To illustrate this point, FIG. 2 shows a simplified example lithographic system 200. System 200 shows a parallel reticle stage 202 and wafer stage 204 using catadioptric exposure optics 212, having a first mirror 206, a beam splitter 208, a quarter wave plate 209, and a magnifying mirror element group 210. In this example system 200, an image is projected from reticle stage 202 using P polarized light. This polarized light is reflected by first mirror 206 directly into magnifying mirror element group 210. It should be noted that quarter wave plate 209 can rotate the polarization angle of the light. The reflected image from first mirror 206 passes through beam splitter 208. This is due to the P polarization of the light being transmitted by beam splitter 208. The reflected image from magnifying mirror element group 210 has its polarization angle rotated 90°. This light is reflected at the beam splitter surface onto wafer 204. Thus, S polarization is not transmitted by beam splitter 208. Subsequently, the image is reflected directly out of magnifying mirror element group 210 that contains quarterwave plate 209. Besides flipping the image, magnifying mirror element group 210 also reverses the polarization of the image. Thus, the image reflected out of magnifying mirror element group 210 is then reflected by beam splitter 208, since the image now has the opposite polarization as beam splitter 208. The image is then projected onto parallel wafer stage 204. Using this configuration, an odd number of reflections occur. As a result, image flip problems occur.

Several alternative lithographic system designs, however, have attempted to overcome the image flip obstacle. One such design is a centrally obscured optical system design. FIG. 3 shows an example lithographic system 300 with a centrally obscured optical system design. System 300 shows a parallel reticle stage 302 and wafer stage 304 using catadioptric exposure optics 312 with a first mirror 306 and a magnifying mirror 308. In this example system 300, an image is projected from reticle stage 302 directly into magnifying mirror 308. It should be noted that the image projected from reticle stage 302 passes through first mirror 306. This is because first mirror 306 is polarized (in the same way as beam splitter 208 above). The image is then reflected directly out of magnifying mirror 308 and onto first mirror 306. Besides flipping the image, magnifying mirror 308 also reverses the polarization of the image. The image is then reflected downwards by first mirror 306, through a small hole 310 in magnifying mirror 308 and onto wafer stage 304. In this configuration, magnifying mirror 308 is in the path of the projected reflection of first mirror 306, which is why small hole 310 exists within magnifying mirror 308. The projected reflection of first mirror 306 travels through small hole 310 in magnifying mirror 308 to reach wafer stage 304. Using this configuration, an even number of reflections occur. Thus, there is no image flip problem. However, this configuration has its drawbacks. As the image is reflected by magnifying mirror 308, some of the image information (namely the portion of the image that passes through small hole 310 in magnifying mirror 308) is lost. This can produce aberrations or inconsistencies in the projected image.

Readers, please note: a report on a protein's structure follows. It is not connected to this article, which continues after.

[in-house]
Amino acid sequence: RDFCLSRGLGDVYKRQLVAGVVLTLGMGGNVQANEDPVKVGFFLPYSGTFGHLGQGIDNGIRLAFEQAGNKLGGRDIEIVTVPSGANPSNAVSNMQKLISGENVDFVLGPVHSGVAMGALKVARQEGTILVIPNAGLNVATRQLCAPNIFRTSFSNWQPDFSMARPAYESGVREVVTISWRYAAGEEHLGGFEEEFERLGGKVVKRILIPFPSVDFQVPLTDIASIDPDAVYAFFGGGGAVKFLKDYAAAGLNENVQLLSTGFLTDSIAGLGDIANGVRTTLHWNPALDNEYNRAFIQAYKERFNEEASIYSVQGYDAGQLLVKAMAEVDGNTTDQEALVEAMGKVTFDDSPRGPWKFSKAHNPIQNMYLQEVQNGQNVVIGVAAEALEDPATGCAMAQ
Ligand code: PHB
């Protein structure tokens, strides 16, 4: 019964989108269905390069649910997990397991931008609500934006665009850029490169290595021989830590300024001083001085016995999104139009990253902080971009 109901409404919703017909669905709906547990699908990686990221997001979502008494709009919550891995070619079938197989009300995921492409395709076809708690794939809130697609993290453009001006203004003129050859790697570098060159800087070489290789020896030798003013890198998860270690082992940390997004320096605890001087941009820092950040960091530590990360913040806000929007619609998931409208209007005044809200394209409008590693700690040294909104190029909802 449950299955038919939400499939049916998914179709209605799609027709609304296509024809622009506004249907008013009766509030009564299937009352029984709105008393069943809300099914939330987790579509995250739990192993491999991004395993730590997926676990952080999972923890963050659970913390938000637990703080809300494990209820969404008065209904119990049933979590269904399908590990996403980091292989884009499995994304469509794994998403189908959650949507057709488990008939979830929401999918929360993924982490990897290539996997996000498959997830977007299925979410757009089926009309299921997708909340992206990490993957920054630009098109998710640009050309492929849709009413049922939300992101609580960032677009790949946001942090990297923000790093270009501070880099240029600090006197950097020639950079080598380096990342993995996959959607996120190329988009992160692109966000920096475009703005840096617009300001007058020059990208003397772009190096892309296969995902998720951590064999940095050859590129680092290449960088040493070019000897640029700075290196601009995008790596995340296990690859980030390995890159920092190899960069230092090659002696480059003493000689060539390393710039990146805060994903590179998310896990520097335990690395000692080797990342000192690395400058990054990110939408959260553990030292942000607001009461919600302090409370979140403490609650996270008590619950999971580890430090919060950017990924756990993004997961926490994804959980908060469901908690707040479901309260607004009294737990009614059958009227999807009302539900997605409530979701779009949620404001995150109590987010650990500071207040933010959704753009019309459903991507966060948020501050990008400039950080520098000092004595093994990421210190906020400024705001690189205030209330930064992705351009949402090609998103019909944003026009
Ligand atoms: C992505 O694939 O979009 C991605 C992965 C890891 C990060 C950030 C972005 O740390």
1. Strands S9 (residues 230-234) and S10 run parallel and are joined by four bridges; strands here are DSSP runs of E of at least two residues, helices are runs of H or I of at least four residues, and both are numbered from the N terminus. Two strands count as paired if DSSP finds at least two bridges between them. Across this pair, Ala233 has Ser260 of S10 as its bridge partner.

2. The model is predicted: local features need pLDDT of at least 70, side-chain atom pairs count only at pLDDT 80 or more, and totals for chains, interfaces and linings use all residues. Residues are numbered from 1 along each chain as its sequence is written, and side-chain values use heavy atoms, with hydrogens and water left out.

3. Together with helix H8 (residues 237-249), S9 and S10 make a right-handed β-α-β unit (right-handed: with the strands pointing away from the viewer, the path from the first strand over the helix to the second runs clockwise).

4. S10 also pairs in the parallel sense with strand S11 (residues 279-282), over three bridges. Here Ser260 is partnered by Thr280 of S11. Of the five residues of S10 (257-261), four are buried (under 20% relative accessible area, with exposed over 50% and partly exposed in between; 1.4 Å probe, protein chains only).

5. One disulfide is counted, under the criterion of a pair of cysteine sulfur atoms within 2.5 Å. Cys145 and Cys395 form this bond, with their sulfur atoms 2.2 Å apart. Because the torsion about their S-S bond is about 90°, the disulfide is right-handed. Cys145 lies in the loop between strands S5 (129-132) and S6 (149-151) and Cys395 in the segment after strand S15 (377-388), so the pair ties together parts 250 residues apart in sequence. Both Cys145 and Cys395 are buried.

Another lithographic system that has attempted to overcome the image flip obstacle is an off-axis design. FIG. 4 shows an example lithographic system 400 with an off-axis design. System 400 shows a parallel reticle stage 402 and wafer stage 404 using catadioptric exposure optics 412 with a first mirror 406 and a magnifying mirror 408. In this example system 400, an image is projected from reticle stage 402 onto a first mirror 406, reflected from first mirror 406 and into magnifying mirror 408, reflected out of magnifying mirror 408 and onto wafer stage 404. In this configuration, reticle stage 402 is off-axis from wafer stage 404. This is because the image is reflected away from the reticle stage in order to magnify it using magnifying mirror 408. As shown, there is a small angle 410 between first mirror 406 and wafer stage 404. Using this configuration, an even number of reflections occur. However, this configuration has its drawbacks. Magnifying mirror 408 does not directly (i.e., perpendicularly) receive the reflected image from first mirror 406. This is because magnifying mirror 408 must be able to receive a reflected image from first mirror 406 and reflect that image through a small angle 410 onto wafer stage 404. Further, magnifying mirror 408 does not directly reflect the image onto wafer stage 404. As a result, aberrations and perspective warping of the image can occur.